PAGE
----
As I sat watching the news I was saddened to see the video footage of Prince Harry using the term "Paki friend" to describe a colleague of his in the army. I expected more from the Royal Family — but I have since been even more distressed by the number of 'enlightened' people who have come out to defend his choice of words.
Repeated assertions were made by various voices saying that his words were taken out of context, that he meant them as a term of affection and that if the people who were complaining about the incident watched the video they would feel differently about the matter. Well, I have watched the video many times and I am not feeling any better about it.
On the morning debate show, The Wright Stuff, presenter Matthew Wright posed the question: "What did Prince Harry have to apologise for?" Wright went on to suggest the real villain of this story was person who flogged the video and that it was a shame that this incident would overshadow the charity work Prince Harry had done in Africa. Granted, the person who "flogged" the video would have had his own financial motives for doing so and Prince Harry may have meant the term "affectionately", but the fact that Write bandied the term "Paki" about as if he were spraying the room with vanilla scented air freshener showed that he had failed to understand the term.
"Paki", in the UK, has a history steeped in racism by the thugs who use it to cut off at the knees any person with skin darker than a bed sheet. Trying to polish over the deep insult by declaring it as, just, "an abbreviation of the word Pakistani" is dismissing the experiences of generations of Asians who have had to endure that word in a myriad of awful circumstances.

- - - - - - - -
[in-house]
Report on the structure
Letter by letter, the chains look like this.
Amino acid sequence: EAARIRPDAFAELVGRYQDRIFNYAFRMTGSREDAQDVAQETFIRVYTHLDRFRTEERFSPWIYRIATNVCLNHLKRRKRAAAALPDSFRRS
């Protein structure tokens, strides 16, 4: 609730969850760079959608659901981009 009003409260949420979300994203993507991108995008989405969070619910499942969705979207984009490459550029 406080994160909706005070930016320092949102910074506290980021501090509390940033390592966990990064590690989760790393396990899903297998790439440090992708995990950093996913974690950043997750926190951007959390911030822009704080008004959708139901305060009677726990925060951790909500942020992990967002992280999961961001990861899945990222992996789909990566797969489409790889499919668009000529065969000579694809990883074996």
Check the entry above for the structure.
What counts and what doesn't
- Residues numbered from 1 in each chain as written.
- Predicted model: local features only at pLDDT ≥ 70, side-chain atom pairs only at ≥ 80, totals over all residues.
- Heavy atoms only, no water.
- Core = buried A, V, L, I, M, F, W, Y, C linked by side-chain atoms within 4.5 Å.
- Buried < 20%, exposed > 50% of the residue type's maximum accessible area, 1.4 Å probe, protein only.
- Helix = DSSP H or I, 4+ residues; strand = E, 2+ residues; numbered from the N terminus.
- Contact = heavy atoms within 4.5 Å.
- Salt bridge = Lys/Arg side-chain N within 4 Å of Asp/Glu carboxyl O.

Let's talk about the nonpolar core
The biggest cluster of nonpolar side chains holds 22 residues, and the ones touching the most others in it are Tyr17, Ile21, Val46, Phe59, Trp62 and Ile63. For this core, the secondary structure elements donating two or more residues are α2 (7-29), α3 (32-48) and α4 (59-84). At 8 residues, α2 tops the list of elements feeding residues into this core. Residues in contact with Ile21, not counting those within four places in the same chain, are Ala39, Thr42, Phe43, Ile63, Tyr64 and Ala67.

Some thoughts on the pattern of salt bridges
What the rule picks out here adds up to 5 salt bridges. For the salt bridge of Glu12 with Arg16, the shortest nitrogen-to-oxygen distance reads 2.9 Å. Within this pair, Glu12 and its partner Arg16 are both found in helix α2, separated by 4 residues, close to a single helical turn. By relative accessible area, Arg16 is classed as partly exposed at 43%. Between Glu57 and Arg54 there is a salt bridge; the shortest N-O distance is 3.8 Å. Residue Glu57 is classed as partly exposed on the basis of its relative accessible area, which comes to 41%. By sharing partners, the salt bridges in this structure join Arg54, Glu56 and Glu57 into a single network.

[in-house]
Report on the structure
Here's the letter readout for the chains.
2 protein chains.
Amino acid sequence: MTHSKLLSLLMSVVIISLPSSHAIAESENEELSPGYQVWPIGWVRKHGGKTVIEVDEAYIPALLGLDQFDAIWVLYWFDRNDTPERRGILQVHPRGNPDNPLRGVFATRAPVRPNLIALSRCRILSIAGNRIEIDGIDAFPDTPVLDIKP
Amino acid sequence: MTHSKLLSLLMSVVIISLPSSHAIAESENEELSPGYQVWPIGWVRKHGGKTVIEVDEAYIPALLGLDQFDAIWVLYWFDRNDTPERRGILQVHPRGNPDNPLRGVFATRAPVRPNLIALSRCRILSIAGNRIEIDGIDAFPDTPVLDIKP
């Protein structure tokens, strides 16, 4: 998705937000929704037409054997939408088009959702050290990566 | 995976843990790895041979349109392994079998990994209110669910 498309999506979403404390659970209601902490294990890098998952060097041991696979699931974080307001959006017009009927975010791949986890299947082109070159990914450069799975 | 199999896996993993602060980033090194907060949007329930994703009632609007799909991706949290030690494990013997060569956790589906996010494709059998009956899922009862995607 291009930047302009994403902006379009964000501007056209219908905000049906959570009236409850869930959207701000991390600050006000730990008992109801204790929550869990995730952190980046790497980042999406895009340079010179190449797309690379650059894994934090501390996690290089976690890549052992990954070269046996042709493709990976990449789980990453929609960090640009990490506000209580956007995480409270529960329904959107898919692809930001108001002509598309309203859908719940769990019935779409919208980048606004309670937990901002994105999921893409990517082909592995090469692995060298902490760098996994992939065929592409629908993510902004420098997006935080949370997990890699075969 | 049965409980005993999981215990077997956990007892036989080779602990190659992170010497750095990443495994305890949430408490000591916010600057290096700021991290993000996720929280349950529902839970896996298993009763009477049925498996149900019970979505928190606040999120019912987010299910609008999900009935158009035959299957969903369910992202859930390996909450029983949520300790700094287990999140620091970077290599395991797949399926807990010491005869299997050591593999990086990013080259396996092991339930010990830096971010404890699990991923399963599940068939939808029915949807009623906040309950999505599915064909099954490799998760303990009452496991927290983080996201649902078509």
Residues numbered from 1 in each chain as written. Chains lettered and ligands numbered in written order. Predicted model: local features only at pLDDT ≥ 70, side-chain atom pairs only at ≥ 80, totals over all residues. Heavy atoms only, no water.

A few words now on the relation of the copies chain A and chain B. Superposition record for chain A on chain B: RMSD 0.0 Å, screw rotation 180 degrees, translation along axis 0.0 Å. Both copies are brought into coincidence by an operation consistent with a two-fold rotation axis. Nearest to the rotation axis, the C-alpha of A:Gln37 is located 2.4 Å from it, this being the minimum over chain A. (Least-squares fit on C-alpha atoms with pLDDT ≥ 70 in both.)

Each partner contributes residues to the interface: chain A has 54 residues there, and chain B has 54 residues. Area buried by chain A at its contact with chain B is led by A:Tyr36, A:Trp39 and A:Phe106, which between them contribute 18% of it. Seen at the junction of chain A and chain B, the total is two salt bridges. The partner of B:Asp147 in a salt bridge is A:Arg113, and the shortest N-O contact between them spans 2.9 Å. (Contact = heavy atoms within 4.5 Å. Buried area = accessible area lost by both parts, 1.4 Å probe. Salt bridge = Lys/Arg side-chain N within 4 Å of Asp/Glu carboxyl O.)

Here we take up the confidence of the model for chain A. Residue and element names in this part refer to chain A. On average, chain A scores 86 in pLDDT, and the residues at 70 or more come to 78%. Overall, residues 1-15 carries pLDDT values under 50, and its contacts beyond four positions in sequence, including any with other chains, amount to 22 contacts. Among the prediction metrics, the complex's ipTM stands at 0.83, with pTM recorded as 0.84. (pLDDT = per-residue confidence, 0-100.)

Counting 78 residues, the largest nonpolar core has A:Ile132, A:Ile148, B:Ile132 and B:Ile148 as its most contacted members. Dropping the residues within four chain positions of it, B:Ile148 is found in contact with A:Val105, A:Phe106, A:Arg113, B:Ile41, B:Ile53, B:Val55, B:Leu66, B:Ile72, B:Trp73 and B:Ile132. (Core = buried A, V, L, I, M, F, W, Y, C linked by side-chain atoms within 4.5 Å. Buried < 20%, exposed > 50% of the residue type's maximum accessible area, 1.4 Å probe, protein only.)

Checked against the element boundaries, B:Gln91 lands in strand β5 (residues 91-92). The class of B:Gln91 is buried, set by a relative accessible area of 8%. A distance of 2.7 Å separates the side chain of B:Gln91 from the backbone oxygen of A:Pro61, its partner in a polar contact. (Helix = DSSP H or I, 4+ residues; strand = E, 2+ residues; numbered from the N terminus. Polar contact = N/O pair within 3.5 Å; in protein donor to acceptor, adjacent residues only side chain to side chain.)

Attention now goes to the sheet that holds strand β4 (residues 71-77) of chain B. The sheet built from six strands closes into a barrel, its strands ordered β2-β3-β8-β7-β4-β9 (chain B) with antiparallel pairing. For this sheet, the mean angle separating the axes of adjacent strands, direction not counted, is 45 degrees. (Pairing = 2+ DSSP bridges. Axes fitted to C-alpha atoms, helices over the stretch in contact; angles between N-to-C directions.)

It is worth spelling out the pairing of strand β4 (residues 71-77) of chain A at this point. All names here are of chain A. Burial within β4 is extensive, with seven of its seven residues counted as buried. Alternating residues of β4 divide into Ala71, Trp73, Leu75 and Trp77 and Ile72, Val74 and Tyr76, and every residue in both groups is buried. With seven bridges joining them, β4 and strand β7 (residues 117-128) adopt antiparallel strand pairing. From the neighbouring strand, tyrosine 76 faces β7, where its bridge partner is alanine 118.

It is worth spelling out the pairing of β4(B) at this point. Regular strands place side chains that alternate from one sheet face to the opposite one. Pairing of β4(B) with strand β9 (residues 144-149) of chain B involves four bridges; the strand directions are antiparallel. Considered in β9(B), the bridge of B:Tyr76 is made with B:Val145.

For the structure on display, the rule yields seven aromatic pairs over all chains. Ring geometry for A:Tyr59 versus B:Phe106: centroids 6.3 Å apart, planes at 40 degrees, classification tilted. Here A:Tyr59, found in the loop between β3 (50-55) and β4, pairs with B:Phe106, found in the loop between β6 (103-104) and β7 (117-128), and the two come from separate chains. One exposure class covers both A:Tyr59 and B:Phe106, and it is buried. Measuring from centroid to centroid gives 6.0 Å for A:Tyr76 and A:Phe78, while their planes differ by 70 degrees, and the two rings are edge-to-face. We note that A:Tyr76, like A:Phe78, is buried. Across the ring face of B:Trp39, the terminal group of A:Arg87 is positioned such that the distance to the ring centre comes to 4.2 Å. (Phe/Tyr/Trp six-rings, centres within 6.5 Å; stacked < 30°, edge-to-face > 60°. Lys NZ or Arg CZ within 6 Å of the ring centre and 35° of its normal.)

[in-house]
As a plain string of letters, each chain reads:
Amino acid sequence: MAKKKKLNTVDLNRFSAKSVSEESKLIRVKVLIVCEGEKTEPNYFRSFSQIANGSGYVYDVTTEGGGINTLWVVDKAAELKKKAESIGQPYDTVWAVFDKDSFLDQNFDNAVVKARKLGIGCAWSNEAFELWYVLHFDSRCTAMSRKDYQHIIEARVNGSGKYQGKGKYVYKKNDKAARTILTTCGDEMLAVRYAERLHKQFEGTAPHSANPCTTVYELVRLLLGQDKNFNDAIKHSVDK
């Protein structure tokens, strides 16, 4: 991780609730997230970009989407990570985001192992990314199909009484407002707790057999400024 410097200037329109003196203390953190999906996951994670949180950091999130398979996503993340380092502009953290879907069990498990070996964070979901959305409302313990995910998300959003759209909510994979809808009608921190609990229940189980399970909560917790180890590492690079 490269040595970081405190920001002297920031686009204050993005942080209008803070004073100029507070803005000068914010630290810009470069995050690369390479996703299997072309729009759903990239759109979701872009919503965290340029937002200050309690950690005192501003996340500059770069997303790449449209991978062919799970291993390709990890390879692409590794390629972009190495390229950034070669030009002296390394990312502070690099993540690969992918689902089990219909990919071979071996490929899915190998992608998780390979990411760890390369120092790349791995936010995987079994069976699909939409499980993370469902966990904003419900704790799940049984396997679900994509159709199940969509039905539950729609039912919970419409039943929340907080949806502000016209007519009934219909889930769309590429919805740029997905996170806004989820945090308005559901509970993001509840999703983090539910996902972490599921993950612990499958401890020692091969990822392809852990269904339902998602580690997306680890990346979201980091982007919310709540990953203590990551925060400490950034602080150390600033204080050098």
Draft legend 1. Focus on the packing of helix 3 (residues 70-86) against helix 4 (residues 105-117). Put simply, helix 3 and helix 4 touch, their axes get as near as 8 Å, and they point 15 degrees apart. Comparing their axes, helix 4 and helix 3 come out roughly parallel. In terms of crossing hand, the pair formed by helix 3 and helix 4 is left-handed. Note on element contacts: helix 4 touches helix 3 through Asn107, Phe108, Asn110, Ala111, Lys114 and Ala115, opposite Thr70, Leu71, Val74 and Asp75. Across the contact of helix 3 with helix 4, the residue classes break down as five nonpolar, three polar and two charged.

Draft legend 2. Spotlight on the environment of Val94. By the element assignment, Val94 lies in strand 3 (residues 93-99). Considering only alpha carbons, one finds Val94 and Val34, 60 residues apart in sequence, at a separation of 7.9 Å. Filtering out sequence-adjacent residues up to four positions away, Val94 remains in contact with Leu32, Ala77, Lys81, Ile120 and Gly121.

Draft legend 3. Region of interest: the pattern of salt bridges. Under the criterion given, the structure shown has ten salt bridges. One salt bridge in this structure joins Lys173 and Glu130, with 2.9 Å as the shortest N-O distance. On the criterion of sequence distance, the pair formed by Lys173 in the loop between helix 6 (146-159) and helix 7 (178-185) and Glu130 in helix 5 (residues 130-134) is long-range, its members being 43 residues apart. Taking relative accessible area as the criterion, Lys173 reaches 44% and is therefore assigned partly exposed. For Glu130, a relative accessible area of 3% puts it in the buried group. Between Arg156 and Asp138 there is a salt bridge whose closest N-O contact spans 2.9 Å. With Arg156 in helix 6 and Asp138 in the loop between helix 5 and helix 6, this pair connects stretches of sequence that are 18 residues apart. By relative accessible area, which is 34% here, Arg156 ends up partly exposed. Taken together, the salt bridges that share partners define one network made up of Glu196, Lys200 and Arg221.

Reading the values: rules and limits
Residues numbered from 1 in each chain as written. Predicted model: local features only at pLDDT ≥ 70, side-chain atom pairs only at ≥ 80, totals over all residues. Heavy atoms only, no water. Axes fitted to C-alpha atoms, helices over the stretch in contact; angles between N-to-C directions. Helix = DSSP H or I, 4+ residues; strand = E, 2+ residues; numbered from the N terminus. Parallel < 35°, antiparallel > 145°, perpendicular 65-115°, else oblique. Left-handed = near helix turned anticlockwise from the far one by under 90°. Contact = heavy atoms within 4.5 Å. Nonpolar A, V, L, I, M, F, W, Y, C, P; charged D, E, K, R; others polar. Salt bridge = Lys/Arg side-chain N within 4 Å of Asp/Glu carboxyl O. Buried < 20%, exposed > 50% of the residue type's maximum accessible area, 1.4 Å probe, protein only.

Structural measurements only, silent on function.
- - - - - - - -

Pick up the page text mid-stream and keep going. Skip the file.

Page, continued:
Those who defend it have, clearly, have never had to walk down the road, like me, only to hear "Fuck off back to where you came from you Paki" screamed at them from the other side of the street, or, at school, had it bellowed in their face as they were beaten up and spat at. They weren't shop owners who had to wash the bile-filled word from their walls and their families didn't hear it shouted at them as eggs and other missiles were thrown at their windows.
For British Asians, those days were filled with a fear of the vitriol directed at them for being different and the word 'Paki' is symbolic of that hatred. This fear was later replaced by relief when Britain, as a nation, began to understand how a mere word could be used to cruelly put down a people and began to strike it from our vocabulary. The re-emergence of the word and, worse still, the defence of it has brought back harsh memories of the bad old days. It breaks my heart to think that our understanding of why "Paki" should never be made an acceptable term in the English language has not yet been fully comprehended.
The silence of Ahmed Raza Khan, the Prince's army colleague in question, is irrelevant, as is the fact that Harry's offending video diary was made three years ago, as is the notion that the comment was, as said in a statement made by a spokesperson for the Royals that it was, "made without malice".
I have found myself in situations where people I consider to be friends have used the word in this way but that doesn't mean that the very sound of it didn't cut like a knife. I have also been guilty of keeping my silence at those times. But that, certainly, did not mean that I was happy for the word to be used; it simply meant that I realised the person using it was a victim of their own stupidity and thought that if they chose to use language that would gain approval from ignorant thugs and members of the racist British National Party then that was their own folly.
I am not concerned about the type of punishment Prince Harry should receive for what may have been an error of judgement, but I do have grave reservations about is the subsequent rush to try and play down the nastiness of the word that was used. No amount of mollifying from an all-white panel on a day time Tv show, or any other such programme, can change that.
* See also what the Editor thinks of the 'N' word